The funniest thing about all this, in a tragic-comic sense, is that we sometimes even make this mistake vis a vis ourselves. Of course, naturally, there is a general tendency for a person to be more forgiving with himself than he is with others. When it comes to “me”, we often have an easier time of justifying, mitigating, explaining, and accommodating. And, indeed, we ought to take a cue from there in terms of the way we should be viewing others as well. But it can happen – it sometimes does happen – that a person can allow one black stroke to metamorphose into covering the whole canvas of his persona.
I remember once hearing a certain Rav speak about this idea. His example was quite extreme, but I think that that was just it; he was trying to make a point. He said, “Even if last night you did something terrible, that does not mean that you cannot put on teffilin the following morning and daven!” Was something bad done? Definitely. But does that mean that that’s it, and from now on you are just one big piece of evil? Of course not! What was done was done and of course must be dealt with, taking the appropriate steps to do teshuvah and adopt safeguards to prevent it from recurring. But does that determine the totality of who and what you are in the grander scheme of things?! Of what you are still capable of doing despite what happened?! Human beings are complex, and just because a guy may have a black spot on his shirt does not mean that he’s all black. Most definitely not. Even if it is a big spot.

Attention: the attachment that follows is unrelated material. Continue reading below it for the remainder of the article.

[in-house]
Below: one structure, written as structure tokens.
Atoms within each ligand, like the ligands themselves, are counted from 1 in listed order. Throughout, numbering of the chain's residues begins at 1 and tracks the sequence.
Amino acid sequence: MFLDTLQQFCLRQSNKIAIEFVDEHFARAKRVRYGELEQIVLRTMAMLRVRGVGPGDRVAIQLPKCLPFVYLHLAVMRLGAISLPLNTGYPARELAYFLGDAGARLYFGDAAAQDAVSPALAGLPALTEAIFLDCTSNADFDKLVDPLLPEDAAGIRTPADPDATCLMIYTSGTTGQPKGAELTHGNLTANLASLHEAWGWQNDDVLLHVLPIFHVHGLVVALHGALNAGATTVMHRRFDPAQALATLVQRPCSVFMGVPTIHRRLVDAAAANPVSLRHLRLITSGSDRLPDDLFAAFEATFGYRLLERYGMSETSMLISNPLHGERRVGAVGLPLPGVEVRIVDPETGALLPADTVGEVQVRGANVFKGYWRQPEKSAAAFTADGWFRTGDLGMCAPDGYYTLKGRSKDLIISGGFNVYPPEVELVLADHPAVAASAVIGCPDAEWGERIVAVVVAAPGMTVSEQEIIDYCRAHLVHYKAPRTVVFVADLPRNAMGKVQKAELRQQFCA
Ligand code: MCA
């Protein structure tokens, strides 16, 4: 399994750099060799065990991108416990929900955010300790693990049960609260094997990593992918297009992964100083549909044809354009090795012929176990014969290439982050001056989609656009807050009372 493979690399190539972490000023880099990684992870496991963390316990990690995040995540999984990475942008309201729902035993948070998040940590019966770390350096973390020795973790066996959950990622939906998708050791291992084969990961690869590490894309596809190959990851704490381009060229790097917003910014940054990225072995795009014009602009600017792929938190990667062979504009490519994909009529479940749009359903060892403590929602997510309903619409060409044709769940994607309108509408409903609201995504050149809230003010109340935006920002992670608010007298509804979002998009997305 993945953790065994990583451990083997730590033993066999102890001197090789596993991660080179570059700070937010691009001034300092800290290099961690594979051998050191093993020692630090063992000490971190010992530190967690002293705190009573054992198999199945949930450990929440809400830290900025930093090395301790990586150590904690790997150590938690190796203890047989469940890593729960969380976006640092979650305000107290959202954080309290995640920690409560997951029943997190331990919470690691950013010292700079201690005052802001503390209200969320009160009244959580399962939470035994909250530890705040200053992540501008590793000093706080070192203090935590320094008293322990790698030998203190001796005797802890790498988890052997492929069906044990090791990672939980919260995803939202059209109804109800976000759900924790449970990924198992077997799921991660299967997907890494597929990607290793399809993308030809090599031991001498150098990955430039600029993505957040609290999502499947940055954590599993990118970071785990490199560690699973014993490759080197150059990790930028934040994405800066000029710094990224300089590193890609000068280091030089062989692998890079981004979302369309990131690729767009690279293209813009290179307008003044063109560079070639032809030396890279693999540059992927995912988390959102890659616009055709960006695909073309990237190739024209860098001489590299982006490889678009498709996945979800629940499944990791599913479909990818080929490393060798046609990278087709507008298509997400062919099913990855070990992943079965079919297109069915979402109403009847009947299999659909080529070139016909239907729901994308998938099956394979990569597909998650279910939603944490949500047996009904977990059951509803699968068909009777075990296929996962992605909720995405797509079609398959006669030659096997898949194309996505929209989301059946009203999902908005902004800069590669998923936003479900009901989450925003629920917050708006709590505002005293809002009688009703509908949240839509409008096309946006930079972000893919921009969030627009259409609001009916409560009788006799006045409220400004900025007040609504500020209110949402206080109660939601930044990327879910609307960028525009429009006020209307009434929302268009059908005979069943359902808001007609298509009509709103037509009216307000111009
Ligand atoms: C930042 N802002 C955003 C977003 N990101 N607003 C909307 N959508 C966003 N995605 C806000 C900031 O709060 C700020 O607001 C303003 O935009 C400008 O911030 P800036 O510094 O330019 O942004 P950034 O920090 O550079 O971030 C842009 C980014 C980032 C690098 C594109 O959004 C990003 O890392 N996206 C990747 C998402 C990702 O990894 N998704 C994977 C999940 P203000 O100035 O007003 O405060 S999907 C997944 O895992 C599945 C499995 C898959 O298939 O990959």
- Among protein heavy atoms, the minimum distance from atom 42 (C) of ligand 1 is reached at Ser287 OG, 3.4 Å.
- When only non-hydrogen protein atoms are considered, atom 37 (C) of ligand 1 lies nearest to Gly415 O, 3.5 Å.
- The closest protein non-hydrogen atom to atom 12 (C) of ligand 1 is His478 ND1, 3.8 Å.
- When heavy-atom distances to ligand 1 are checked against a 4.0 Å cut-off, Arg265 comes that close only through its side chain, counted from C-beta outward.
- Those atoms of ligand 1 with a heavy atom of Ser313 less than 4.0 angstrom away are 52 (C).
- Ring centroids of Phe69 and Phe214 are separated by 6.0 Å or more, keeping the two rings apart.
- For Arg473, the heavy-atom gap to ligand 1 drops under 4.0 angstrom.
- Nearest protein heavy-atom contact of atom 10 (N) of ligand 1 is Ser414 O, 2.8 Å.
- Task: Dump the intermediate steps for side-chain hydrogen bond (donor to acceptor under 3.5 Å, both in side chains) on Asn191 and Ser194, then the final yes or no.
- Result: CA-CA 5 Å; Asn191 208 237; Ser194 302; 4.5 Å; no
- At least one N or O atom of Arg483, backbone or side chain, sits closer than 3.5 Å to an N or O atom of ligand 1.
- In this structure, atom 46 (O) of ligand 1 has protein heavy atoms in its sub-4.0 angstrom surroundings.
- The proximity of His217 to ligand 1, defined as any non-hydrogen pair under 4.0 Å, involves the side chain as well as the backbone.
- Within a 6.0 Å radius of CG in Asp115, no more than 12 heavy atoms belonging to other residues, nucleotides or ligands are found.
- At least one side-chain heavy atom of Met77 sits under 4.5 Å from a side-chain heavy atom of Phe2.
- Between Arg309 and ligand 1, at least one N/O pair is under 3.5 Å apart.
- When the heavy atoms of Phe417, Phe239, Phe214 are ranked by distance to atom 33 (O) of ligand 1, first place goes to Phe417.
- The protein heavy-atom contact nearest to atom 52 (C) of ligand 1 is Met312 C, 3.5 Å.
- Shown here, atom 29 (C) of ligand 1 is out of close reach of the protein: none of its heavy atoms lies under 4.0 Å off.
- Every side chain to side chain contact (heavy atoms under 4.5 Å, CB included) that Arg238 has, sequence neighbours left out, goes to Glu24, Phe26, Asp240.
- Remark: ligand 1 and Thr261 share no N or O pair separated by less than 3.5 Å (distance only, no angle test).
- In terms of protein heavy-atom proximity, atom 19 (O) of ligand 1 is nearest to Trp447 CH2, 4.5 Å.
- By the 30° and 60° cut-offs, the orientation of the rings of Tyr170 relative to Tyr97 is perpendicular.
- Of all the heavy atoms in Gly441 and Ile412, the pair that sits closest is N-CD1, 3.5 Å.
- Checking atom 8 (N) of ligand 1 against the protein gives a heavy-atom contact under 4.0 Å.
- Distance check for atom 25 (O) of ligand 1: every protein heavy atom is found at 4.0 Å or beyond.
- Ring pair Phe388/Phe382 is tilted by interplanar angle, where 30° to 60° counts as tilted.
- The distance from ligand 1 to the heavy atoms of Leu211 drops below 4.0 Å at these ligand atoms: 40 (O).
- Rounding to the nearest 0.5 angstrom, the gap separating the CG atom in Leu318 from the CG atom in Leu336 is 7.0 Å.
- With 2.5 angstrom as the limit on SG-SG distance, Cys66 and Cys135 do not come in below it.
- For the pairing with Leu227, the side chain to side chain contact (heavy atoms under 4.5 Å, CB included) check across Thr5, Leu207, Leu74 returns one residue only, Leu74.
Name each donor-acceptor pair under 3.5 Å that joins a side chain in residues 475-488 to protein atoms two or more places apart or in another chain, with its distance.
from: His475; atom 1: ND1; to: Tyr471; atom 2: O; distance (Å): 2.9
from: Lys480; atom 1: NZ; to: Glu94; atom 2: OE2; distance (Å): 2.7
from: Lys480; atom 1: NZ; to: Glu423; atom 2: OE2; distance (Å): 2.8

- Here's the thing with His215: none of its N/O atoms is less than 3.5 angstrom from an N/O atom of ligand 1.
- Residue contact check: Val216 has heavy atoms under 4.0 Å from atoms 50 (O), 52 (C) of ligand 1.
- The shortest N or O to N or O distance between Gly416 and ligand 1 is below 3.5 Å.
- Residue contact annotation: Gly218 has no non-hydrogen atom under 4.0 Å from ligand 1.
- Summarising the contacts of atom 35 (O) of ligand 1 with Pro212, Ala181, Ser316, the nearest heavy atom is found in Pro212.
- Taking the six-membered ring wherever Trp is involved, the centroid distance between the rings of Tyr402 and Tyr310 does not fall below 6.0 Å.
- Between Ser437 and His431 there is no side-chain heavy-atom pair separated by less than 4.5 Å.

The truth is that it goes much deeper than that. The Nefesh Ha’Chaim writes that there is a part of the neshama that can never be blemished by sin, and it is that part that provides the energy for one to be able to pick up and start afresh no matter what may have happened in the past. But perhaps that is a topic for another time. For now, it is enough for us to know on a very simple, straightforward level that human complexity inherently means that a person’s sum total cannot at all be determined on the basis of one act, even if that act is repetitive, or on the basis of one particular area of flaw or failing.